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service dogs

Tom Lambui leads a dog through an obstacle course designed to distract at the Paws of War Nesconset facility. Photo by Kyle Barr

Those servicemen and women who have had their dog trained at the Nesconset nonprofit Paws of War know the best companion to have when past trauma returns, is a trained service dog at their side.

“You can’t imagine how much dogs make an impact on your life,” said Frank James, a retired police officer from the Port Authority of New York and New Jersey.

James is training his dog Bailey for service dog certification through Paws of War, an organization which helps provide service dogs and train them for retired service members. The former police officer said having a service dog has helped him deal with the effects of post-traumatic stress disorder after being at the scene of the World Trade Center on 9/11.

Russell Keyser sits with his service dog, Artemis. Photo by Kyle Barr

“She’s helped significantly, really significantly,” he said.

For the last five years, Paws of War has provided service dogs and emotional support dogs along with the necessary training to veterans of all stripes, from those in the armed services to former cops and emergency responders. Robert Misseri, a co-founder of Paws of War, said the nonprofit provides the training for service members entirely free of charge.

“If they are approved, we train their dog at the very least, with all behavioral training to work toward a service animal for their needs,” Misseri said.

U.S. Army veteran Russell Keyzer, of Ronkonkoma, said he got his service dog,  Artemis, through Paws of War three years ago. Artemis has helped Keyzer get through the most difficult parts of his post-military life, including managing the effects of his PTSD.

“I was in really, really bad shape when I got her.” he said. “I got her at two months old, and I started training right away. Things were a lot more therapeutic on my end — to get back to that normal life.”

Keyzer said Artemis helped save him during a difficult situation at a June 22 Foreigner concert at Northwell Health at Jones Beach Theater. When the lights flashed and the music cut through the noise of the
audience, Keyzer said he started to tense up and his PTSD that has haunted him since he left the Army, started to creep into his head. He knew he couldn’t be there anymore.

Paws of War trains service dogs, like Phoenix, for veterans, former law enforcement and first responders. Photo by Kyle Barr

“Get me the (expletive) out of here,” Keyzer recalled saying to Artemis.

With his hand wrapped around the dog’s leash, Artemis helped guide the distraught veteran through the crowd, away from the noise and the lights, until they reached emergency medical personnel.

Suffolk County officials have come to recognize Paws of War and the work it does. On July 2, Suffolk Sheriff  Errol Toulon Jr. (D) announced a 2-year-old black Labrador named Rocky to be trained by inmate Jermaine, a veteran himself diagnosed with PTSD who is currently serving time at the Suffolk County Correctional Facility in Yaphank. Jermaine will train the dog twice a week for eight weeks, before Rocky will be given to Babylon resident Harry Stolberg, a single father and Marine Corps veteran who also has PTSD.

Those interested can watch Rocky’s training live online at the website www.suffolksheriff.com with the first broadcast scheduled for July 4.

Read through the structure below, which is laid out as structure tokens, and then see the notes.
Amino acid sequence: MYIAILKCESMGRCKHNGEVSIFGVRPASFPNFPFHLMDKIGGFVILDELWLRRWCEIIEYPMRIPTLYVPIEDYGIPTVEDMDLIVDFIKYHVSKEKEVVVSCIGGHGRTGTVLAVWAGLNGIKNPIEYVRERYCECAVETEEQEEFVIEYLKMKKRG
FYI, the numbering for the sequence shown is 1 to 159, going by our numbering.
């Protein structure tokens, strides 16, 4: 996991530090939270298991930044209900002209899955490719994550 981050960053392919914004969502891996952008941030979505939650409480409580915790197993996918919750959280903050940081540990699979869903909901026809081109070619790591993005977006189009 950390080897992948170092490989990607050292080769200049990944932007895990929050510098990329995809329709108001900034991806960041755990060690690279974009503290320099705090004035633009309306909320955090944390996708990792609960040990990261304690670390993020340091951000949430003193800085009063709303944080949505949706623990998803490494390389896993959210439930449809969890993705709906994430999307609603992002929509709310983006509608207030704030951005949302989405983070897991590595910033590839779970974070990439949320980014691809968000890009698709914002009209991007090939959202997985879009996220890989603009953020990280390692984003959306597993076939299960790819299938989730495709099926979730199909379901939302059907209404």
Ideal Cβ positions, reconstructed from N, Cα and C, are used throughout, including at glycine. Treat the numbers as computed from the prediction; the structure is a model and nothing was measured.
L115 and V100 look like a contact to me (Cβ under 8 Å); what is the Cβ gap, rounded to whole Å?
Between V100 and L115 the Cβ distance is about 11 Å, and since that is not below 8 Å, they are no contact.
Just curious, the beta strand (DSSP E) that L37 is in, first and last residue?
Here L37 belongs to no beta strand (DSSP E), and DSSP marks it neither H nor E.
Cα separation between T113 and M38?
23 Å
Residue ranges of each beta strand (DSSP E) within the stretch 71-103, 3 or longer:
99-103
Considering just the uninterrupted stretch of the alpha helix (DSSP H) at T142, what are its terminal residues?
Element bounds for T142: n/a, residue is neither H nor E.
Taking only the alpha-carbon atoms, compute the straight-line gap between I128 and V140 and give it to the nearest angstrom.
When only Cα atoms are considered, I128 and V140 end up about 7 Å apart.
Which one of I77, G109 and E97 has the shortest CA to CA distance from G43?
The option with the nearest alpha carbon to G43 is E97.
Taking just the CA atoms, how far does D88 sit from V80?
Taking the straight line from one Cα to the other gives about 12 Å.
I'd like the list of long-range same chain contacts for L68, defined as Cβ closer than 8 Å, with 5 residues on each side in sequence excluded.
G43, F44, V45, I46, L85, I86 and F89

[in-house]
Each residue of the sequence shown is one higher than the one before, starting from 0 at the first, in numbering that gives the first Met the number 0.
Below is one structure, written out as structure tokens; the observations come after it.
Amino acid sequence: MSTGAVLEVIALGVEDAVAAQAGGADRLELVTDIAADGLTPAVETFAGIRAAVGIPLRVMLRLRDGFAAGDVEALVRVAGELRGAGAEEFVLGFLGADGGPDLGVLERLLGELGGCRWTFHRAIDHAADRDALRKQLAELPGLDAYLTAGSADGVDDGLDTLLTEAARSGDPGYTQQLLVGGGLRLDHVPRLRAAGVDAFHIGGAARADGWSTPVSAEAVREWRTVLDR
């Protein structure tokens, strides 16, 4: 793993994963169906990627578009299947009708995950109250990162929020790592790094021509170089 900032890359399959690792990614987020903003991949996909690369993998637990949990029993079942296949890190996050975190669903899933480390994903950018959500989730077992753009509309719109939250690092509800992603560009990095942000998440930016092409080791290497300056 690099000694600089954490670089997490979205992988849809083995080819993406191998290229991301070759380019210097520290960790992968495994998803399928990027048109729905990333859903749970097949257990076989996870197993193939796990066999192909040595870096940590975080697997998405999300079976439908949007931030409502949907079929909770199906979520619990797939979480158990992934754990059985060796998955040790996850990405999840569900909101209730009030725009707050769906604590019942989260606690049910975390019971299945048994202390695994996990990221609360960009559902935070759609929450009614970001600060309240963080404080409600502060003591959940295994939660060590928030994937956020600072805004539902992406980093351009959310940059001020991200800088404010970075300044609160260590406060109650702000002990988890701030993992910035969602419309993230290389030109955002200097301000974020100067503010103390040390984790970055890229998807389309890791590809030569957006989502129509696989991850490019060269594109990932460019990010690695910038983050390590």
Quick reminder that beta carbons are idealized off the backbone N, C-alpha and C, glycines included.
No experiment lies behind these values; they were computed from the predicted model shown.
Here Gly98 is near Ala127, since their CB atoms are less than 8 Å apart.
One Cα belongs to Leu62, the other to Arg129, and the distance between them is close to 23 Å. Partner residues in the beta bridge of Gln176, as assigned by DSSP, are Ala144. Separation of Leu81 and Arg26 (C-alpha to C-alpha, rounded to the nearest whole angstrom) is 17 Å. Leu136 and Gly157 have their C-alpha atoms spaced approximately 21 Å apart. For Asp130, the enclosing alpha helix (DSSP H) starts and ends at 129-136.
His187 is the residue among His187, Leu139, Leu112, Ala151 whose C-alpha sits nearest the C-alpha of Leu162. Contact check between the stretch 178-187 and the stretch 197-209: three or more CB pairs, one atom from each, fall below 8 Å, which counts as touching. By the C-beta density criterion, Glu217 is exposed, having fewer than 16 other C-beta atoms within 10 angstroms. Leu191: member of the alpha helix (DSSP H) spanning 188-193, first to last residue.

Misseri said that so many veterans have become interested in the program that the organization needs to move into a larger space. They have already picked one out — a storefront located in the same Nesconset Plaza shopping center on Smithtown Boulevard as their current home. Misseri said the new location would provide the organization with hundreds more square feet of space.

Mark Hayward works on training his service dog, Phoenix, at VetDogs in Nesconset. Photo by Kyle Barr

“We could really serve so many more veterans,” Misseri said. “There’s plenty of people who want to go into a class with our current space, but we can only take 10 people per lesson — in this new space we could take 30.”

Paws of War is entirely funded by donations and spends most of its money paying for dog trainers. It is seeking out volunteer plumbers, painters, electricians, carpenters, floor specialists and sign makers to help renovate the new shop.

In the meantime, veterans find hope for the future in the form of their dogs. Mark Hayward, an Army veteran who participated in Operation Desert Storm, walked his dog, Phoenix, through obstacles designed to
distract her. Every time she went through the course without turning her head, Hayward would look down and smile at her.

“It’s between night and day from before I got her in 2016 and now,” he said. “She helps me get out and do things a lot more. I named her Phoenix because, like they say, she is helping me rise from the ashes.”

Those veterans who are interested in obtaining a service dog, or individuals willing to volunteer their assistance in the organization’s upcoming move, can contact Paws of War at at 631-367-7297 or online at www.pawsofwar.org.

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Former President George H.W. Bush, former President Bill Clinton and Sully together at the Bush family estate in Maine. Photo from Evan Sisley

A Smithtown-based nonprofit has given a former United States president a new best friend to help him through his golden years.

America’s VetDogs delivered a specially trained service dog to former President George H.W. Bush at his family’s Maine estate June 25. Two staff members were on hand as Sully, a 2-year-old yellow Labrador retriever, met the president for the first time.

“Sully is a very compassionate dog, skilled at the tasks of retrieval and opening and closing doors,” said John Miller, president and CEO of America’s VetDogs. “Between his temperament and his skills, we knew he would be the right fit for the president.”

Sully sits by former President George H.W. Bush. Photo from Instagram @sullyhwbush

America’s VetDogs, a sister 501(c)(3) organization to the Guide Dog Foundation, trains and places guide dogs for veterans and first responders who are blind or have impaired vision or have lost their hearing. The organization also trains service dogs for those who suffer from physical disabilities or have been diagnosed with post-traumatic stress disorder.